If you want to go hiking, buy a map of a particular hike you are interested in for around €1.50 at the tourist office. You can always ask the staff for help, or let them choose a particular hike for you. There are plenty of hiking trails available through Hilversum or its surroundings:


For cycling, the easiest map is the Toeristische Fietsroutekaart Gooi en Vechtstreek eo (Touristic Biking Route Map Gooi and Vecht Region and Surroundings) for €4. It covers 4 cycling routes through Hilversum and the Gooi area. Unfortunately, the map misses out on the popular towns Baarn and Lage Vuursche, as they are not a part of North-Holland. Another map is the Utrechtse Heuvelrug en Vechtse Plassen (Utrecht Hill Ridge and Vecht en Plassen) map for €8, which features a wider area, but does not include any pre-made routes, so you have to make your own route (most locals do this, it can easily be done with a little research). Of course you can get both maps if you want to be well-prepared. Both are in Dutch and in English, and the routes are clearly marked. Just as with hiking, you can also ask the staff for advice, as they have dozens of different maps for sale. Most biking routes do not just feature Hilversum, but also include many other villages in the Gooi en Vechtstreek:

Mushroom-shaped sign

When cycling in the outlying forests and heathlands, follow the mushroom-shaped signs for directions. In 1919, the first mushroom-shaped sign was placed in the forest between Hilversum and Baarn, but now they are placed in nature areas all over the country. Also bring some food and drinks with you, especially when it's warm, as there are no restaurants or coffee houses in protected nature areas.




Shopping in Hilversum is generally uninspiring, but if you know where to go, there are some interesting shops to be found. Expect a heavy emphasis on clothing and accessories, mostly for women. Due to the upscale demographic, most clothing stores are relatively expensive with luxurious brands. Most stores have similar hours (M 13:00-18:00, Tu W F 10:00-18:00, Th 10:00-21:00, Sa 10:00-17:00), but some are closed on Mondays. All stores are closed on Sundays, except for the last Sunday of the month, which is called a Koopzondag ("buying Sunday").

The easiest entry point is Hilvertshof. It was opened in 1973 and was the first shopping centre of the Netherlands. Adjacent to Hilvertshof is the Kerkstraat. The shops in this area are similar to those found elsewhere in the country. You can find the department stores V&D and Hema, and world-wide chain stores such as H&M, Mango and Zara. From the Kerkstraat, you can stroll to the Gooische Brink and the 's-Gravelandseweg for some upscale boutiques.


Other stores


Deli shops

This page uses the following price ranges for a typical meal for one, including soft drink:
Budget Under €20
Mid-range €20-40
Splurge Over €40






Entering bars is legally allowed from the age of 16. However, many bars and nightclubs in Hilversum have their own policies and do not allow people under 18, 21 or even 23 to enter. Keep in mind that those under 18 are not allowed to drink any alcoholic drinks.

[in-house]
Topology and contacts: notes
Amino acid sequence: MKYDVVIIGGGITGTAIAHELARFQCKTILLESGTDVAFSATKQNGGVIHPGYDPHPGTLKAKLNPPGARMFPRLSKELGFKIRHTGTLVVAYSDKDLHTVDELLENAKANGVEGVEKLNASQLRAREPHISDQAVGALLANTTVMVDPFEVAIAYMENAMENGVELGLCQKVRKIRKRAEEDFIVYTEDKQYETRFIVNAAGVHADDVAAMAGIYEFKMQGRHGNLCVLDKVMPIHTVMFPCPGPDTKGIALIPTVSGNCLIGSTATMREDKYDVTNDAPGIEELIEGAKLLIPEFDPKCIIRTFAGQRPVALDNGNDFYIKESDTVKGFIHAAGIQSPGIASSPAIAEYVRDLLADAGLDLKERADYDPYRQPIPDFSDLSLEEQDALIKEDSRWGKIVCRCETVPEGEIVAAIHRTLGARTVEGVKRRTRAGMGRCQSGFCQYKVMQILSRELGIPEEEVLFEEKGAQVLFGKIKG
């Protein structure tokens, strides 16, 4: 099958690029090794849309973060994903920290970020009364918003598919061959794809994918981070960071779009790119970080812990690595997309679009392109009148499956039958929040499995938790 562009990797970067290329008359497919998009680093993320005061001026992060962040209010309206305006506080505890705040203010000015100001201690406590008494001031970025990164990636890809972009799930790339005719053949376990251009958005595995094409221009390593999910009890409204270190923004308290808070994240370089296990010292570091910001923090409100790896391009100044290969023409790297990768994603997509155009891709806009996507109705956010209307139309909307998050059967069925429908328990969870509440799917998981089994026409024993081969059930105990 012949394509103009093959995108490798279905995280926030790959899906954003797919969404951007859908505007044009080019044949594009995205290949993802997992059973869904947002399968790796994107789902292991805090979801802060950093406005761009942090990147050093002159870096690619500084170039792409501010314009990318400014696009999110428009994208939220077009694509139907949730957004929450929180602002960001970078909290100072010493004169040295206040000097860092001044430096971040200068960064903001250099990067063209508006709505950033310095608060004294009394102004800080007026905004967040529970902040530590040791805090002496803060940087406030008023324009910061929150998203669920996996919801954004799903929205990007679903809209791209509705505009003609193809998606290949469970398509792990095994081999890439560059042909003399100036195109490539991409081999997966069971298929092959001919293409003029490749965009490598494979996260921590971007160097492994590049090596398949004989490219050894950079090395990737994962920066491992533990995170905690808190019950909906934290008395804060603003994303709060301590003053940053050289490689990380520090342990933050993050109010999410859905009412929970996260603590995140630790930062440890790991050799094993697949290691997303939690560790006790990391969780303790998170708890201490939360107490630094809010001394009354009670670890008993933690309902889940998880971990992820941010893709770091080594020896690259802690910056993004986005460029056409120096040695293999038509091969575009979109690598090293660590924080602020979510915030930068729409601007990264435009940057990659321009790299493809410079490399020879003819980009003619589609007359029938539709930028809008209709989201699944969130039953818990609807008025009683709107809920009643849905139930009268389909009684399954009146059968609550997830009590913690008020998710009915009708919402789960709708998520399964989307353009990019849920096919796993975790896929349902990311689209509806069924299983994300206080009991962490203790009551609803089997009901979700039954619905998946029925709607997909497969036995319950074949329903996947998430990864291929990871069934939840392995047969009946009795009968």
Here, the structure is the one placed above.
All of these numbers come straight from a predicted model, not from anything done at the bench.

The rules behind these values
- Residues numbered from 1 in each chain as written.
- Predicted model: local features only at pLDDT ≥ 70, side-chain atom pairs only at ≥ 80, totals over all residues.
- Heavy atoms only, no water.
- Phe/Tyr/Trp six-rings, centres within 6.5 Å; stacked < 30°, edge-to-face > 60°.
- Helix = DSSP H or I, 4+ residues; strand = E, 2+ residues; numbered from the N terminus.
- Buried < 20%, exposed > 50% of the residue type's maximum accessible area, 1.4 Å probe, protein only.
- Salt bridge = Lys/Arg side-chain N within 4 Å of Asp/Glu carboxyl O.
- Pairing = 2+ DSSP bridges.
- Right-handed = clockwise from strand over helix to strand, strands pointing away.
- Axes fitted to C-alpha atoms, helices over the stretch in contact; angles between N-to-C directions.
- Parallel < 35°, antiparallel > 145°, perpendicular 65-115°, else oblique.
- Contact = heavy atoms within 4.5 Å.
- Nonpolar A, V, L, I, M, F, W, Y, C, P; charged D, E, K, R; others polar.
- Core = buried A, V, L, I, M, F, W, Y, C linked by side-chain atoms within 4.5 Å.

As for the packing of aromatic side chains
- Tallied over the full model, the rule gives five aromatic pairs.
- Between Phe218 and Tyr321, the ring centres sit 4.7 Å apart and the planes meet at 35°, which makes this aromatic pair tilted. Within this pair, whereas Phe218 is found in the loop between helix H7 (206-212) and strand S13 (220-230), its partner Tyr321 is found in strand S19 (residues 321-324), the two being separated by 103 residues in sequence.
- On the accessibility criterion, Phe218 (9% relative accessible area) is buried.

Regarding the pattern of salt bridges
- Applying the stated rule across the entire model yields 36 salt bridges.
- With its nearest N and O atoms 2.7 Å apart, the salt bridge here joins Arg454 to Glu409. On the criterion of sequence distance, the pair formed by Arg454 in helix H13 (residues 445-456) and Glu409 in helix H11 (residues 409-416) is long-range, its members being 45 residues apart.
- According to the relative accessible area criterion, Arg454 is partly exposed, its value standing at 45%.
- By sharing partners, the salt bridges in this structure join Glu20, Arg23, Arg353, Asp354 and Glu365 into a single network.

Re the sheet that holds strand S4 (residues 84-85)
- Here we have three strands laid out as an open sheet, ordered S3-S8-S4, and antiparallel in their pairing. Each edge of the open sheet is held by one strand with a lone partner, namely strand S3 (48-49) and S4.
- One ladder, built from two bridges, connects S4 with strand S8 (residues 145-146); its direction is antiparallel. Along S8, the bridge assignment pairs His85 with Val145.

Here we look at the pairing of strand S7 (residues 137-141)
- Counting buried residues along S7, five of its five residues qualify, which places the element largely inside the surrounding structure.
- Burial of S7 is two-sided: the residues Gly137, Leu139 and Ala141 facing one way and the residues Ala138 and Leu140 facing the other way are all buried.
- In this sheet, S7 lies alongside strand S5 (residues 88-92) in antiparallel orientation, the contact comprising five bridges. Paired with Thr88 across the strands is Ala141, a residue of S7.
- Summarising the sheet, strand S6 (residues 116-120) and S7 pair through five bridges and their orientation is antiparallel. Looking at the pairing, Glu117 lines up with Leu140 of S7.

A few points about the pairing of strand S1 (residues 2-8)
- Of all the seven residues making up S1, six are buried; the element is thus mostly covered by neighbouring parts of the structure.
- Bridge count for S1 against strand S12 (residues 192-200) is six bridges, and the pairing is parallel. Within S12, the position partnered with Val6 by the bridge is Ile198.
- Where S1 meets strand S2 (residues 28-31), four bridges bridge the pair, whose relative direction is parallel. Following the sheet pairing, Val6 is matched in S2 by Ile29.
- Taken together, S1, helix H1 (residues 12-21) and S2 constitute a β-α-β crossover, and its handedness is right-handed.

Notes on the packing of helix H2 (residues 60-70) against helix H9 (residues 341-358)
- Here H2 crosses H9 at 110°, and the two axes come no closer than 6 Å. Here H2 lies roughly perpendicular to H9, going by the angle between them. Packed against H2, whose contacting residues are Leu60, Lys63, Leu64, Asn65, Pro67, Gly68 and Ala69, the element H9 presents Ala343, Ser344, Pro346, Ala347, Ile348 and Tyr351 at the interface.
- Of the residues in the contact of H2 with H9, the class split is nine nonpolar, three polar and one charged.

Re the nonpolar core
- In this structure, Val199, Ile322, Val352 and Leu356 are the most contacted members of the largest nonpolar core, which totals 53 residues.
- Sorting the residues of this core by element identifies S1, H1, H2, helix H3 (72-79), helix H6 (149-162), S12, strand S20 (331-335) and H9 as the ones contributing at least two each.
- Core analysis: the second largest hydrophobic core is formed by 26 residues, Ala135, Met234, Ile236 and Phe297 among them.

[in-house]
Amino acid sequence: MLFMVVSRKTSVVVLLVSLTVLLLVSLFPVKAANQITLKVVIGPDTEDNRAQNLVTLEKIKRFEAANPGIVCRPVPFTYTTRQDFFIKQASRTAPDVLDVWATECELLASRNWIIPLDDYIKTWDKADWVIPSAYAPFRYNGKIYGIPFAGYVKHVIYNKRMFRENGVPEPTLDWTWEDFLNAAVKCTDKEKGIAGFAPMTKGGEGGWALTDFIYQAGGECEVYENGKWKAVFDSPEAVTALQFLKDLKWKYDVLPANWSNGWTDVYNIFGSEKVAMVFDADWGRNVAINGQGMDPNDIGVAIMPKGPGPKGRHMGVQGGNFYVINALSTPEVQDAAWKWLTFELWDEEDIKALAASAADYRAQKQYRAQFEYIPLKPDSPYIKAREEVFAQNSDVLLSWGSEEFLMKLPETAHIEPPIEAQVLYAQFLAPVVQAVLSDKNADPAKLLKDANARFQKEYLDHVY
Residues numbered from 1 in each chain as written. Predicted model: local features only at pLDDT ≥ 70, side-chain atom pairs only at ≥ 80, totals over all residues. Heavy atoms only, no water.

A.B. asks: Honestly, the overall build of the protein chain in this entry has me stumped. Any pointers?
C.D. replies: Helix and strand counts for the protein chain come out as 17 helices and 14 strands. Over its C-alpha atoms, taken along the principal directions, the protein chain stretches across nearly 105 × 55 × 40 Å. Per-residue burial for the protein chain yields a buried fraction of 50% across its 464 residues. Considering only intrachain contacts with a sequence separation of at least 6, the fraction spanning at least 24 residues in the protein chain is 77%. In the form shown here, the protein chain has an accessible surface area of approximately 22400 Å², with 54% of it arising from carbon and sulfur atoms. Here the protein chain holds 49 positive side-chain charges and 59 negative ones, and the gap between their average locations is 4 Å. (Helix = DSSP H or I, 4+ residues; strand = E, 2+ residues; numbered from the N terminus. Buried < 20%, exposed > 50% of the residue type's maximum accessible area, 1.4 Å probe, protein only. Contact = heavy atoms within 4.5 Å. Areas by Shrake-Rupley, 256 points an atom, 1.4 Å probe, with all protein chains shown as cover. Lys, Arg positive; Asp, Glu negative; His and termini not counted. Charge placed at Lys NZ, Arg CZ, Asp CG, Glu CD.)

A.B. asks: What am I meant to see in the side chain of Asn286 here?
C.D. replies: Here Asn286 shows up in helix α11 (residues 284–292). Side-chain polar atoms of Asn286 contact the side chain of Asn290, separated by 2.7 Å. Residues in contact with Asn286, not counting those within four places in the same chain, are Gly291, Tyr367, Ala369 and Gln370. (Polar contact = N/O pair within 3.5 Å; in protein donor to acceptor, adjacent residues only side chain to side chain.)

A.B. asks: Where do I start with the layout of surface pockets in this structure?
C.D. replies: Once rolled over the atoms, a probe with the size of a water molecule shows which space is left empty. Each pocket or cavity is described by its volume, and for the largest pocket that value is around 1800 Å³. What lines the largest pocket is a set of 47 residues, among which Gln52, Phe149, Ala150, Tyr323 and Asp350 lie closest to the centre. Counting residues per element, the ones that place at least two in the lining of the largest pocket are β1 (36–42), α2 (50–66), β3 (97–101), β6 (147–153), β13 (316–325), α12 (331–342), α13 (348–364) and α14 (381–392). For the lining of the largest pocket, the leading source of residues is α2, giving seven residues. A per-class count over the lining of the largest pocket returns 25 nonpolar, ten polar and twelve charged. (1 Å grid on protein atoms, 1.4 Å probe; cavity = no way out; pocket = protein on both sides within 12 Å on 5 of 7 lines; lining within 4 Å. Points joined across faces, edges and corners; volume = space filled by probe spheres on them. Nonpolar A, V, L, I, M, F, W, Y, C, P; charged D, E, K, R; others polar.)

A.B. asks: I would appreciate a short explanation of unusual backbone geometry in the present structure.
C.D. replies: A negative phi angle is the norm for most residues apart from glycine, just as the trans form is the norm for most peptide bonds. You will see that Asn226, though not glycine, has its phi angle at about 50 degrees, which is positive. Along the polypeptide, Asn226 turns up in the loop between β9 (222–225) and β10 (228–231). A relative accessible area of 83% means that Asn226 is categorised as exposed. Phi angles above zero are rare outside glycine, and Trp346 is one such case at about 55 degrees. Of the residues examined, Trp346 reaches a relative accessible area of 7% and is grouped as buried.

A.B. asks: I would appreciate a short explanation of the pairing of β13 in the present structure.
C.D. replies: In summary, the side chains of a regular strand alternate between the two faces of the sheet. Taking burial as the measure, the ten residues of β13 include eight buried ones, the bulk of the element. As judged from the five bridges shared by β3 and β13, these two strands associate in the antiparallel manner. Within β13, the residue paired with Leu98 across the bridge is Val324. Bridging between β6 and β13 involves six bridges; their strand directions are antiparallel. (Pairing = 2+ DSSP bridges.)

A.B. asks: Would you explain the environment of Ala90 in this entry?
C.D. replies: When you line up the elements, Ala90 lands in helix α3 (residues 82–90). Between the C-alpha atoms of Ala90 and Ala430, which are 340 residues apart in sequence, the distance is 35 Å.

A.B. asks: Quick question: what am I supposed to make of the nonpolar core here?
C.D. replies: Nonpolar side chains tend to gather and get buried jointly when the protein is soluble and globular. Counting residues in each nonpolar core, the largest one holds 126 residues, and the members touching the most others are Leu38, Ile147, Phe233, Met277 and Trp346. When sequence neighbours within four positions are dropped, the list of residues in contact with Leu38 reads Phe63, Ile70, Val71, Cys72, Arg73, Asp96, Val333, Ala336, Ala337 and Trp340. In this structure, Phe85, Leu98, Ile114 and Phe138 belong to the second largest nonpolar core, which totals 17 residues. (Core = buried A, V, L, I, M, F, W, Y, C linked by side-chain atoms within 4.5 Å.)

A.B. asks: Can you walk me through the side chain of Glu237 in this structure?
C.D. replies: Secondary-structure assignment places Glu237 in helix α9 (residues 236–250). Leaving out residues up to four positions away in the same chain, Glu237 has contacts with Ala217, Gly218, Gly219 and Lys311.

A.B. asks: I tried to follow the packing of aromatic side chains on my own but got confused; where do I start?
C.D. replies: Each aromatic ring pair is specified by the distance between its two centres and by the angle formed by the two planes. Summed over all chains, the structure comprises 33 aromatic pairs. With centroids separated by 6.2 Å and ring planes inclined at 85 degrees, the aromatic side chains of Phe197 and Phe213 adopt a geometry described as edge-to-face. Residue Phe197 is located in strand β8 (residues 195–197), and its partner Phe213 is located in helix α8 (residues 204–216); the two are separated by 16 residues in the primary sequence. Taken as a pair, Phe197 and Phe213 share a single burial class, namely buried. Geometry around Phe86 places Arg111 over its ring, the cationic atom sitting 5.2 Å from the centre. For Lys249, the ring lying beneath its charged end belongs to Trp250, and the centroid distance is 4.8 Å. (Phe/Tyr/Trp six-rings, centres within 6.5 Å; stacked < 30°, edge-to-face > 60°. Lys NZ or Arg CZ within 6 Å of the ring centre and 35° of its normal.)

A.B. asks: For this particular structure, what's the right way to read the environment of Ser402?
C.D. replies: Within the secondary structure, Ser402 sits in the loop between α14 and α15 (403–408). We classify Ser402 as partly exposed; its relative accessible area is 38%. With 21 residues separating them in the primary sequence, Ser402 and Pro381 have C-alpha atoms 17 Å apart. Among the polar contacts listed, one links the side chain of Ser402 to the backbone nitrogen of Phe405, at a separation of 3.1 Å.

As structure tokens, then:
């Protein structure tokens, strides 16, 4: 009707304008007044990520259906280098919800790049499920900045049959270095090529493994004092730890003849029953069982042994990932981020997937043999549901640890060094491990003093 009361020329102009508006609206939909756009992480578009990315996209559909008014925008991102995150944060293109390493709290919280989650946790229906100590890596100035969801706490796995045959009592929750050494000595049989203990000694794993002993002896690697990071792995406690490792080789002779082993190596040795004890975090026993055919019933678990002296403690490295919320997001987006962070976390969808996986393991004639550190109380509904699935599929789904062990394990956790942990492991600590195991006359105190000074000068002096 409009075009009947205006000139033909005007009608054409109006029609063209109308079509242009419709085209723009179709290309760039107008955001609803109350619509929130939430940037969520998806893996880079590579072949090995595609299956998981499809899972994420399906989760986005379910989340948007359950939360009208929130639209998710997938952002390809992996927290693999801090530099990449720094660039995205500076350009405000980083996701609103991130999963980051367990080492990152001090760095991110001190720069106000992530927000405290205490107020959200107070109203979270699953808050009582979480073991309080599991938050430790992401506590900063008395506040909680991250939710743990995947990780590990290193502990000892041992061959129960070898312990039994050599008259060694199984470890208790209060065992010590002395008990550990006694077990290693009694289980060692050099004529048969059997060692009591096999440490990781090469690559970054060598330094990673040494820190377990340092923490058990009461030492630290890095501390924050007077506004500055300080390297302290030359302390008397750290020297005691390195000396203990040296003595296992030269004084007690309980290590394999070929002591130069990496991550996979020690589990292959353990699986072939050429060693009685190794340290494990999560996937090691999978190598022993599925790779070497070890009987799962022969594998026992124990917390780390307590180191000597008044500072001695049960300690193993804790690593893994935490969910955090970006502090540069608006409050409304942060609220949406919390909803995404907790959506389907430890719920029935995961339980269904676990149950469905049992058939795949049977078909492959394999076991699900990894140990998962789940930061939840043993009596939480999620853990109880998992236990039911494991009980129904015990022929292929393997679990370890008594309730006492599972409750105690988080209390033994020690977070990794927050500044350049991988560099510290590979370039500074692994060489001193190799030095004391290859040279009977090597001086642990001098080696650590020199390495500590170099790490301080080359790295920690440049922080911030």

Most bars and nightclubs in Hilversum are centred around the Groest. There is something for everyone's taste, from youth bars to bars for older ages, and from dive bars to upscale cosmopolitan places. On weekdays and Sundays, bars are open till 01:00, while some nightclubs will be opened till 03:00. Fridays and Saturdays have longer hours, bars will be opened till 03:00, while nightclubs will be opened till 05:00.

Always bring your passport or official identity papers, as many bars and nightclubs require you to show it upon entry. Also keep in mind that smoking is only allowed in designated smoking areas, and that bar employees won't serve drinks in these areas. Be aware on the streets when the bars close as people are drunk and some might be looking for trouble. Walking around with an alcoholic beverage on the Groest can get you a fine of €60.


Bars and pubs



Stay safe

There is not much to worry about in Hilversum. The town does often make headlines with cases of vandalism. Youth groups often hang around the town centre or near the main and Sportpark train stations, especially late at night. As they are often bored and drunk, they may destroy rubbish bins, benches, bicycles, bus stops and other public property.

Another safety issue occurs after the bars and nightclubs close, particularly on Thursdays, Fridays and Saturdays between 02:00 and 05:00. Large amounts of intoxicated people gather on the streets, which can lead to fights and confrontations with the police. Do not get involved, as the police sometimes uses dogs to temper the masses. Also avoid snackbars and other eating facilities at this time, as they are usually packed and are not allowed to sell food after 03:00. This causes anger with the hungry crowd waiting outside, thus a fight is easily initiated.

Stay healthy

Staying healthy is probably the least you have to worry about. Tap water in the Netherlands is among the cleanest and safest in the world, and tap water in Hilversum tastes even better than elsewhere in the country. Research from consumer authorities have shown that customers get tricked when ordering mineral water in bars or restaurants. One in three of them actually serve tap water instead of mineral water!

If you are hiking or biking in the forests surrounding the city, be careful of ticks and tick-carrying diseases. It is advisable to wear long sleeves and long trousers. If you want to be completely safe, tuck your trousers inside your socks. If you discover a red ring on your body in the weeks after, be sure to visit a doctor to check for Lyme disease, which can be lethal without proper medical care.


The country calling code for the Netherlands is 31, the area code for Hilversum is 035. If you want to surf the net, Doppio Espresso has free Wi-Fi and most seats come with electrical outlets for charging your mobile phone or laptop. Most hotels and bars nowadays offer free Wi-Fi.

Go next

Listed by distance, the surrounding area has plenty of interesting towns and villages.

Routes through Hilversum

Amsterdam Laren  W  E  Amersfoort Enschede
Almere Laren-Blaricum  N  S  Utrecht Breda

This article is issued from Wikivoyage - version of the Thursday, September 10, 2015. The text is available under the Creative Commons Attribution/Share Alike but additional terms may apply for the media files.